[There is a peculiar emphasis to be observed in the Apostle's mode of repeating his assertion. The circumstance of the blood and water flowing in distinct streams from the wounded side of our Saviour, was intended emblematically to declare the united ends of his death. The Apostle therefore would not suffer it to be overlooked, lest by a partial view of Christ, as a Prophet only, we should lose the blessings which he came to purchase for us. The mode appointed by the law for the purifying of the leper, will place this matter in a just point of view. Two birds were taken: one of them was killed over running water, and his blood was mingled with the water. The blood and water were then sprinkled seven times upon the leper, and the living bird, being dipped in the blood and water, was let loose into the open field, and the leper was pronounced clean. This was intended to shew how man should be cleansed from sin. The Lord Jesus Christ should shed his blood as an atonement for sin: he should also send forth his Spirit upon man: by neither of these separately should he fulfil the office of a Saviour; and by neither of these separately should man be restored to the favour of his God. The union of the two was necessary for all; and the two united should be effectual for all : so that, however deep any one's leprosy may have been, he shall, the very instant he has been so purified, be pronounced clean.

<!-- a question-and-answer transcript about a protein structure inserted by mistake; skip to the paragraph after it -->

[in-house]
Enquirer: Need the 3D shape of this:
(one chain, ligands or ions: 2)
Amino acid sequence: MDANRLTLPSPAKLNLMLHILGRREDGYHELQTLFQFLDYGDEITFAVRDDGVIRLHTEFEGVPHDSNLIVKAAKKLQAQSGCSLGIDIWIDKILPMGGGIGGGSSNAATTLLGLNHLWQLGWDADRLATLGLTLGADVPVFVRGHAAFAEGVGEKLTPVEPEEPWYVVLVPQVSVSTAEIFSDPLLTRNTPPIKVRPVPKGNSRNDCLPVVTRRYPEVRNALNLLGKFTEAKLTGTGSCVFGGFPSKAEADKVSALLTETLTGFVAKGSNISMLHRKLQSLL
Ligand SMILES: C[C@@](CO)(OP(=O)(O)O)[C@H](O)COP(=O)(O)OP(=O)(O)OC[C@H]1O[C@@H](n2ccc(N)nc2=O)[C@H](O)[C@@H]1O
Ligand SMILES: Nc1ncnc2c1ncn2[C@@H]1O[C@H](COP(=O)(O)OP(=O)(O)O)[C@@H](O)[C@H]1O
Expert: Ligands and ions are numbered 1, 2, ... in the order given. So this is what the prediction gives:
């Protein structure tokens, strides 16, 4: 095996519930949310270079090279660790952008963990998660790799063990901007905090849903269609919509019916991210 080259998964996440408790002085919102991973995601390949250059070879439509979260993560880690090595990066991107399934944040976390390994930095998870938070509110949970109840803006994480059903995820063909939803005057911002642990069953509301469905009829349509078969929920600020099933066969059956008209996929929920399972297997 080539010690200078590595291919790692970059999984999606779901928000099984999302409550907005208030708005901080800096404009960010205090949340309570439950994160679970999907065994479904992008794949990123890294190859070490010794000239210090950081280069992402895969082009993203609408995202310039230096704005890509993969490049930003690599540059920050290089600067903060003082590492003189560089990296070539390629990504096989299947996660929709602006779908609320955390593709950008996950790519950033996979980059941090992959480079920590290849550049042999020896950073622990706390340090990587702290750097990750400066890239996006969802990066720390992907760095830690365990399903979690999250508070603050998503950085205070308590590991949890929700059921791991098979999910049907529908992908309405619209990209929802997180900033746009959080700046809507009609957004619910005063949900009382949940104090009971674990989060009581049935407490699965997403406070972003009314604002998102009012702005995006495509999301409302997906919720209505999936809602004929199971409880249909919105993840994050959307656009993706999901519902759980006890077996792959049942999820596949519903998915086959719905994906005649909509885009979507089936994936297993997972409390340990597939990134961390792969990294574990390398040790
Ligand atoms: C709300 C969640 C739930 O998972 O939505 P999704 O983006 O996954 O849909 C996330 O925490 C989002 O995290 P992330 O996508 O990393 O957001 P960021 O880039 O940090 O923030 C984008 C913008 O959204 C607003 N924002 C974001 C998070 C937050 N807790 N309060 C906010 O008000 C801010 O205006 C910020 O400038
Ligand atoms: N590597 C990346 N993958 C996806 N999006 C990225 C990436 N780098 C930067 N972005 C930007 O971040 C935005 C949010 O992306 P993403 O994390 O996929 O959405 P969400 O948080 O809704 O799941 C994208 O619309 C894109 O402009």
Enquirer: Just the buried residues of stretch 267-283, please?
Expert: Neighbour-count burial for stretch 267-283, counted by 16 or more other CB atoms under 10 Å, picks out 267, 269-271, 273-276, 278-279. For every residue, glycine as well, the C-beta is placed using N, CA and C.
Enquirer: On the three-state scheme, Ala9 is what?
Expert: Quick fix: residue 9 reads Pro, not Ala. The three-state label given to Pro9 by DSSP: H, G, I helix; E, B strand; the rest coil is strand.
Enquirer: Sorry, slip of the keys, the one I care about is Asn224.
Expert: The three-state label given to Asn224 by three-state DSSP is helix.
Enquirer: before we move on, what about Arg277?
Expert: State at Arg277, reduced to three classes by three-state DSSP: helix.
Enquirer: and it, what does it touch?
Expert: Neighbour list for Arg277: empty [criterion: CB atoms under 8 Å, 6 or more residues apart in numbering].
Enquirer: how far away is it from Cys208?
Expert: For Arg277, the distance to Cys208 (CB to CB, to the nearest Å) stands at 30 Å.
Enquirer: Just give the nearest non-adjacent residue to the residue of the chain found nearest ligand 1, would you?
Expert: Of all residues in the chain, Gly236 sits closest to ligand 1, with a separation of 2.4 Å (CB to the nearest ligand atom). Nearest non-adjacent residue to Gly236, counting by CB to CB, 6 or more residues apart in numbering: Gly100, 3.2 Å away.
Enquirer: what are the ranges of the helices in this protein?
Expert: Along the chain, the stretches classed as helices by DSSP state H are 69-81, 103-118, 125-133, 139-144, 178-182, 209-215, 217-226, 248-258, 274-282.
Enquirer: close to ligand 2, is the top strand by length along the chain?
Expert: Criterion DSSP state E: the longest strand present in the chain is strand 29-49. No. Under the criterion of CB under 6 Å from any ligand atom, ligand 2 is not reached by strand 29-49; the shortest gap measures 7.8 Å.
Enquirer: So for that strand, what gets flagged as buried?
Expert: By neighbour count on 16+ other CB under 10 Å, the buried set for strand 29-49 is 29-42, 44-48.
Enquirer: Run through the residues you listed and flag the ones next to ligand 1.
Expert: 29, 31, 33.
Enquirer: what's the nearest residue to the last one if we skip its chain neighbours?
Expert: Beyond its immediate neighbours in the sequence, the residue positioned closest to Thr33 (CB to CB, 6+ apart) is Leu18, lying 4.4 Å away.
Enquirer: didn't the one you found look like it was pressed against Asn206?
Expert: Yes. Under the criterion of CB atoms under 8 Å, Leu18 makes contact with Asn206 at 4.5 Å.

This then all must carefully notice, if they would possess the full benefits of Christ's salvation.]

In addition to his own testimony, the Apostle further confirms his assertion, by adducing, II. The testimony which the Holy Spirit bears to

itIn two ways the Holy Spirit, “ the Spirit of truth," has borne witness to the doctrine inculcated in our text:

1. By established ordinances in the Church of God

[This doctrine was not unknown to the Church of Israel in the wilderness; for there were ordinances appointed on purpose that it might be known, and be kept in everlasting remembrance. T

Paschal Lamb which was slain from year to year reminded them, as indeed all the daily sacrifices did, that they were redeemed by blood.

And, in their passage through the Red Sea, they were baptized unto Moses in the cloud and in the sea, to shew them, that they must also be washed from their pollutions by the Spirit of God; as indeed all the washings and lustrations appointed by the law yet further taught them. Under the Christian dispensation, the same truths are constantly inculcated by the two sacraments appointed for our observance. Our baptismal washing reminds us, that “ Christ came by water;" and the sacramental cup, which is emblematic of his blood which he shed for the remission of our sins," reminds us, that “ he came by blood." And our Apostle himself, in the second verse after my text, declares, that these ordinances were appointed for these very ends by the Spirit of God, who by them, and with them, bears

b Lev. xiv. 447.